Russian Oligarchs Flee
To Safety In Israel
Yukos Oil Fugitives Find Safe
Haven In The Promised Land

The Financial Times - UK
By Harvey Morris

For the Russian government, they are allegedly dangerous criminals who have made off with billions in unpaid taxes and are wanted on charges that range from embezzlement to murder. For Israel, they are potential valued investors in the country's slowly reviving economy.
Two of Israel's normally publicity-shy Russian "oligarchs" this week surfaced to announce their first investment in Israel since they sought refuge there 18 months ago in the wake of the debacle over Yukos, the Russian oil company.
In an interview with the FT, Leonid Nevzlin and Michael Brudno, whose Menatep group owns 60 per cent of Yukos shares, outlined a business strategy based on the likelihood that they will not be returning to Russia anytime soon.
The two men live a hundred yards from each other in the affluent anonymity of Herzliya, an upscale suburb north of Tel Aviv. Propped against a wall of Mr. Nevzlin's living room is a "Free Khodorkovsky" placard in honour of Mikhail Khodorkovsky, the Yukos founder jailed in Russia in October, 2003 on tax evasion and fraud charges.
The two men and their partner, Vladimir Dubov, took out Israeli citizenship at about the same time, setting up home in Israel in the hope of avoiding extradition over their alleged role in the Yukos affair. As well as the fraud-related charges, Mr Nevzlin is also wanted in Russia for conspiracy to murder.
Mr Nevzlin rejected all the accusations against him and his partners and said they were part of an ideological campaign by Vladimir Putin, Russian president, against the Russian private sector. "It has been totally developed by the [former] KGB, which has a lack of tolerance for anything it does not control. This is a long-term consequence of Stalinism."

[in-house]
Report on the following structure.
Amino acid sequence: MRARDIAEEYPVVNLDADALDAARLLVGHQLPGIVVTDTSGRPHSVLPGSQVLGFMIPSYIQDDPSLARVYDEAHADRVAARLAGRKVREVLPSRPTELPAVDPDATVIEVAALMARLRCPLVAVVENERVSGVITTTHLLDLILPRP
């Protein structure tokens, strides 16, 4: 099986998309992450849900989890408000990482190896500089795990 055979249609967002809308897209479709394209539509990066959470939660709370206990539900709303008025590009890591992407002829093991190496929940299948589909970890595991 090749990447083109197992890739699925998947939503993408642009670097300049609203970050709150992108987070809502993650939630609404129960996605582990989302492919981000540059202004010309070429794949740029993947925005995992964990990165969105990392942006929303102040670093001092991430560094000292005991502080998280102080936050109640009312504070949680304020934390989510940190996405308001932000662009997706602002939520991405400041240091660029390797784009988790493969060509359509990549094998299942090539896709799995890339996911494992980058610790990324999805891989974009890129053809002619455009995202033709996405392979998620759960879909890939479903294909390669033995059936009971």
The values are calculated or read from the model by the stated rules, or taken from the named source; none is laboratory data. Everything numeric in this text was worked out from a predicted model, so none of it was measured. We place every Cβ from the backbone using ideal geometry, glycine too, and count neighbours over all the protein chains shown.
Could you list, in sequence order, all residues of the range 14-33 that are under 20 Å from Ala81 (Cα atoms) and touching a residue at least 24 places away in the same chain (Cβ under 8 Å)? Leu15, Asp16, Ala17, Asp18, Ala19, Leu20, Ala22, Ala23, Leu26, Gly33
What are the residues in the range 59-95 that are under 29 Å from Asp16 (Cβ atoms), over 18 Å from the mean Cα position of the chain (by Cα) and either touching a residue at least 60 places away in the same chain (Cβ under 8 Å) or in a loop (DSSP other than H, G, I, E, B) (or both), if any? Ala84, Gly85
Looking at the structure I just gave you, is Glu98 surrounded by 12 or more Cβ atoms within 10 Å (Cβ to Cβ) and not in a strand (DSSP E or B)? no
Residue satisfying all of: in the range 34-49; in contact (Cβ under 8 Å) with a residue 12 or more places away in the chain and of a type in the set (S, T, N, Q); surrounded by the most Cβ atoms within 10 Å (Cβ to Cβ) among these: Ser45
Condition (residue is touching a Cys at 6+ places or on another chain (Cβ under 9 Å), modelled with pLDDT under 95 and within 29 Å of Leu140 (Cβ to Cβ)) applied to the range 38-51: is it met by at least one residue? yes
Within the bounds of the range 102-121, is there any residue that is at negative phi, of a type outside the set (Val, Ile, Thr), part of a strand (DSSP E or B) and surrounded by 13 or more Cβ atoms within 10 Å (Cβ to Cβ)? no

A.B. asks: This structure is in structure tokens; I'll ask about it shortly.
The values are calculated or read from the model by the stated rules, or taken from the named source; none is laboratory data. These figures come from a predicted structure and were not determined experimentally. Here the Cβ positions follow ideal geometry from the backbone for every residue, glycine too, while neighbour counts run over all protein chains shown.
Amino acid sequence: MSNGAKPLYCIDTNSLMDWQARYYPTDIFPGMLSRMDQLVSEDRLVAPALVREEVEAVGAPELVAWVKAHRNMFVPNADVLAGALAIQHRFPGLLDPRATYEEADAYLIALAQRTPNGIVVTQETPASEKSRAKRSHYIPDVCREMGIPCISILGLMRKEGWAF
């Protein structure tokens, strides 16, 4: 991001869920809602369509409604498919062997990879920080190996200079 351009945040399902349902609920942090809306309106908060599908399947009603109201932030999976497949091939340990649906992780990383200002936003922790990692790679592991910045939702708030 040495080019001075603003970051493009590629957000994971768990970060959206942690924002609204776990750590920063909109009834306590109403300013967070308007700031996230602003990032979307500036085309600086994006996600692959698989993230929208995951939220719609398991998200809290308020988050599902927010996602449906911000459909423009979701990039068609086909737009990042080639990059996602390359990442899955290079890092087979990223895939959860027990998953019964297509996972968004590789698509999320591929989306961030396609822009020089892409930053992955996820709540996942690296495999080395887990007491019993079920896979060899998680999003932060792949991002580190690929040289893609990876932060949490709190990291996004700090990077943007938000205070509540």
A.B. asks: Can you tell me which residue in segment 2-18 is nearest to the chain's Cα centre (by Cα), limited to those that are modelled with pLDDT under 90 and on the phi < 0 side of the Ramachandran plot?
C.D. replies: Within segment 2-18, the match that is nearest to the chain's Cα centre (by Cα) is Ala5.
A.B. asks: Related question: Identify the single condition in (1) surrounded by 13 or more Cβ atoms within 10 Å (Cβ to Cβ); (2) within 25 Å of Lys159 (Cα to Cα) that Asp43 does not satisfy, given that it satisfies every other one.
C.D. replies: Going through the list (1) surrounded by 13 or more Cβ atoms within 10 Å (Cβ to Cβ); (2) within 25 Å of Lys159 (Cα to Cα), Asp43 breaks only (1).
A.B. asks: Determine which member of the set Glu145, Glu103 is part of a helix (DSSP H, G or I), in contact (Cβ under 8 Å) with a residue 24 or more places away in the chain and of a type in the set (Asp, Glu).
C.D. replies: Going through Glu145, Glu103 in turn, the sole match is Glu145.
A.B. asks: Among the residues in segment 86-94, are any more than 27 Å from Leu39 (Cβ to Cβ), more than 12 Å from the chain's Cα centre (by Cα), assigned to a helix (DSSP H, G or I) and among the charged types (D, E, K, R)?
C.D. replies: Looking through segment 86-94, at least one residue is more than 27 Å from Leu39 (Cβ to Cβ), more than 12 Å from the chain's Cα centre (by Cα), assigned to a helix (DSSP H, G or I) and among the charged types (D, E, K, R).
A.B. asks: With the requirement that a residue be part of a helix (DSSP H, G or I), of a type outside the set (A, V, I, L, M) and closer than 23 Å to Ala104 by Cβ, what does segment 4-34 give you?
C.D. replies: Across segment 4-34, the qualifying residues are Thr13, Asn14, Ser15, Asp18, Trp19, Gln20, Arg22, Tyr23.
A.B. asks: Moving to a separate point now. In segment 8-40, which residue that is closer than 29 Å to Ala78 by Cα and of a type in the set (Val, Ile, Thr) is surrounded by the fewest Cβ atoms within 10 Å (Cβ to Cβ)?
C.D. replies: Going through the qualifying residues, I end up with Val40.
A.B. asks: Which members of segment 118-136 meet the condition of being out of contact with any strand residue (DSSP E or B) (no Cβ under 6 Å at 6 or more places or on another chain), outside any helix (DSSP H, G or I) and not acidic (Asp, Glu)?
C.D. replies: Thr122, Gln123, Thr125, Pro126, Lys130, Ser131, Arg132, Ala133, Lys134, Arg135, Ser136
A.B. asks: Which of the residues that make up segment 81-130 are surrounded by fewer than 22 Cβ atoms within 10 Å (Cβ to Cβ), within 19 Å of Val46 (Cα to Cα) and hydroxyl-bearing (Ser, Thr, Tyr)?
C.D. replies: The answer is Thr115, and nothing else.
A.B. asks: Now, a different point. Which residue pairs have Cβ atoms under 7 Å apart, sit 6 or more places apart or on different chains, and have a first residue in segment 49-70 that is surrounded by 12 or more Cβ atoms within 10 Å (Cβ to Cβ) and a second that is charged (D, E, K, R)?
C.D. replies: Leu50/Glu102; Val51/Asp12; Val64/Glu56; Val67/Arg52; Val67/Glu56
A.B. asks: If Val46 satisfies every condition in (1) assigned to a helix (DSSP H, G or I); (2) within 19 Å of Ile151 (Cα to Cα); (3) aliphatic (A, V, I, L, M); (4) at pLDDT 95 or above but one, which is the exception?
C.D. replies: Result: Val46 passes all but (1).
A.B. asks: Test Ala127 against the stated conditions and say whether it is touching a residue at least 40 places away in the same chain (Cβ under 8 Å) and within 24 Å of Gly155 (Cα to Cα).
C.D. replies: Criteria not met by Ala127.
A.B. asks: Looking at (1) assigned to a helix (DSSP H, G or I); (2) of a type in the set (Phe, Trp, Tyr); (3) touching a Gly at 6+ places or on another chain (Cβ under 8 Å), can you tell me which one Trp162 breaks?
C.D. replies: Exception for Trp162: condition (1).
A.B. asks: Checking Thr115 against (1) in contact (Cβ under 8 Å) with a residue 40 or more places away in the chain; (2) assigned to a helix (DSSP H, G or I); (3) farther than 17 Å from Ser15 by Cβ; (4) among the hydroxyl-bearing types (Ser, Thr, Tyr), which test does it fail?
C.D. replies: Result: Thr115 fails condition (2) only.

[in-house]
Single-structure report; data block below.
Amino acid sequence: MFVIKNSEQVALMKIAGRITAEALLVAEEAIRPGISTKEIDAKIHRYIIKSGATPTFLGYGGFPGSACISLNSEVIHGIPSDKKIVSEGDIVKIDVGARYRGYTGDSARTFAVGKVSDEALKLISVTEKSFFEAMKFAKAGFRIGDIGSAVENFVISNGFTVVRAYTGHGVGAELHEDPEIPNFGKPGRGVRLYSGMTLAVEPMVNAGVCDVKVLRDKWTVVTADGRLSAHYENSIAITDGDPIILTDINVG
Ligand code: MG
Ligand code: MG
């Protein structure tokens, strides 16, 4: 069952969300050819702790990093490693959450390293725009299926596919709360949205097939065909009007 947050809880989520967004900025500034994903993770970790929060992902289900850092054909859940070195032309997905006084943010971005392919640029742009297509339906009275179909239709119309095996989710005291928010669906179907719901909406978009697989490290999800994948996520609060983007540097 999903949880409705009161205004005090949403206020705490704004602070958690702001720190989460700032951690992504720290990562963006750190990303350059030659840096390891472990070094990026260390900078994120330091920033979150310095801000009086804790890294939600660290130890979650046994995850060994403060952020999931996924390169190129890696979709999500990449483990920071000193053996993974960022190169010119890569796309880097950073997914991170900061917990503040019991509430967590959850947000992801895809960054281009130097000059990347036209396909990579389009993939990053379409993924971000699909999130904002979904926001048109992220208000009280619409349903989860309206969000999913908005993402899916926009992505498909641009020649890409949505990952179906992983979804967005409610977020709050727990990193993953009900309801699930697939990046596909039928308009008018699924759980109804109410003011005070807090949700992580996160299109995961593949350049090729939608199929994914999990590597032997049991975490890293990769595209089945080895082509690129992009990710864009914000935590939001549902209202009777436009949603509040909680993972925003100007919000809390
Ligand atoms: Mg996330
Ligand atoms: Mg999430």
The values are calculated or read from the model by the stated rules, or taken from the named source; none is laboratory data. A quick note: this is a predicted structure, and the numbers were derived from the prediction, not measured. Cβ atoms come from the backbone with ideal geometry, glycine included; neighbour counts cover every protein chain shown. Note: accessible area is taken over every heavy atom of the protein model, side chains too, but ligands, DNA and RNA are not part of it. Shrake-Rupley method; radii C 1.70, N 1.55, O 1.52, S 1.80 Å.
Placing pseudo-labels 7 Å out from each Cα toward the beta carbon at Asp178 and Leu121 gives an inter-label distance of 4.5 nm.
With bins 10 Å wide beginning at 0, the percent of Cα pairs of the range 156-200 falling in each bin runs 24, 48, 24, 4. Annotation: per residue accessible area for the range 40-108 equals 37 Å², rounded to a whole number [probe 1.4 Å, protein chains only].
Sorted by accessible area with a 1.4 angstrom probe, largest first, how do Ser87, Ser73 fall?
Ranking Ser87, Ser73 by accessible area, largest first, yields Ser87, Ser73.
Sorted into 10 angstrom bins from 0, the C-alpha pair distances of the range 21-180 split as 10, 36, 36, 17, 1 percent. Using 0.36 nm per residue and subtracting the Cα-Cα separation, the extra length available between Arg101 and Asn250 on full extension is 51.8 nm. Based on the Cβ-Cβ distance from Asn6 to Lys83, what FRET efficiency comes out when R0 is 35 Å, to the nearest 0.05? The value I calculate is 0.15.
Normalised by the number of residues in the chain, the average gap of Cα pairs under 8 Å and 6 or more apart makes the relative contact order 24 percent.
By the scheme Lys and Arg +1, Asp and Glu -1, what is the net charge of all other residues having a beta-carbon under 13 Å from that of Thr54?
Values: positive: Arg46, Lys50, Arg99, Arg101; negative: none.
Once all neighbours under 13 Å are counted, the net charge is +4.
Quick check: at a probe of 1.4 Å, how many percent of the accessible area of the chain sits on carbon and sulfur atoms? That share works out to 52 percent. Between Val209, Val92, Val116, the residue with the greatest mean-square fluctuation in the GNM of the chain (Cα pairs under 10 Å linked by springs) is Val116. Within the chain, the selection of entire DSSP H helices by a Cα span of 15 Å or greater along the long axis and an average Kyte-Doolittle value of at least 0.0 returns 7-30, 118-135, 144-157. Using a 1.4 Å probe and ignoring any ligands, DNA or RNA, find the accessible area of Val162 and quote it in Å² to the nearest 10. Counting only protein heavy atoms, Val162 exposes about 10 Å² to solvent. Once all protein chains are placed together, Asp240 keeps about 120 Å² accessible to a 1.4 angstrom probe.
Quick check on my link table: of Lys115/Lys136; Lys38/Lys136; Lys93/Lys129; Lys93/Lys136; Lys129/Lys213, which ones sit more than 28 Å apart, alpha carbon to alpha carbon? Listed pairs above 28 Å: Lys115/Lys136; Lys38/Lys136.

Yukos lost 60 per cent of its oil production capacity when the Russian government ordered it to sell off its main subsidiary in December to pay back-taxes. The buyer, state-owned Rosneft, has since filed an $11bn suit against Yukos.
Mr Nevzlin said: "The Yukos story is not over yet. The volume of illegal tax claims would be enough to confiscate the rest of the company."
Describing the Rosneft claim as "complete bullshit", Mr Brudno claimed it had been filed on orders from the Kremlin.
Announcing their investment in Israel, the two men said Menatep was acquiring a stake in the holding company of Israel Petroleum Enterprises.
They said they would be looking into further investments in fields within the group's area of expertise. Menatep already has about $100m invested in telecoms companies in eastern Europe.
Although the Russian tycoons have maintained a low profile since moving to Israel, they have not managed to escape controversy.
Mr Nevzlin's name was among those raised in connection with a current Israeli police investigation into the alleged laundering of at least $500m through a branch of Bank Hapoalim, Israel's largest bank.
"I've had no problems with the authorities," he said. "Everything is quite
transparent if you look at my assets. So much time has passed since they started the investigation, they would have had a chance to look at my accounts."
In an indication of how important Israel regards investment, Benjamin
Netanyahu, finance minister, recently said the money-laundering case had been blown out of proportion.
"Israel will lose a lot if some TV viewers think that the country does not need immigrants from the former Soviet Union and can afford to reject investments," he told the RTV1 satellite channel, owned by Vladimir Gusinsky, an exiled Russian media magnate.



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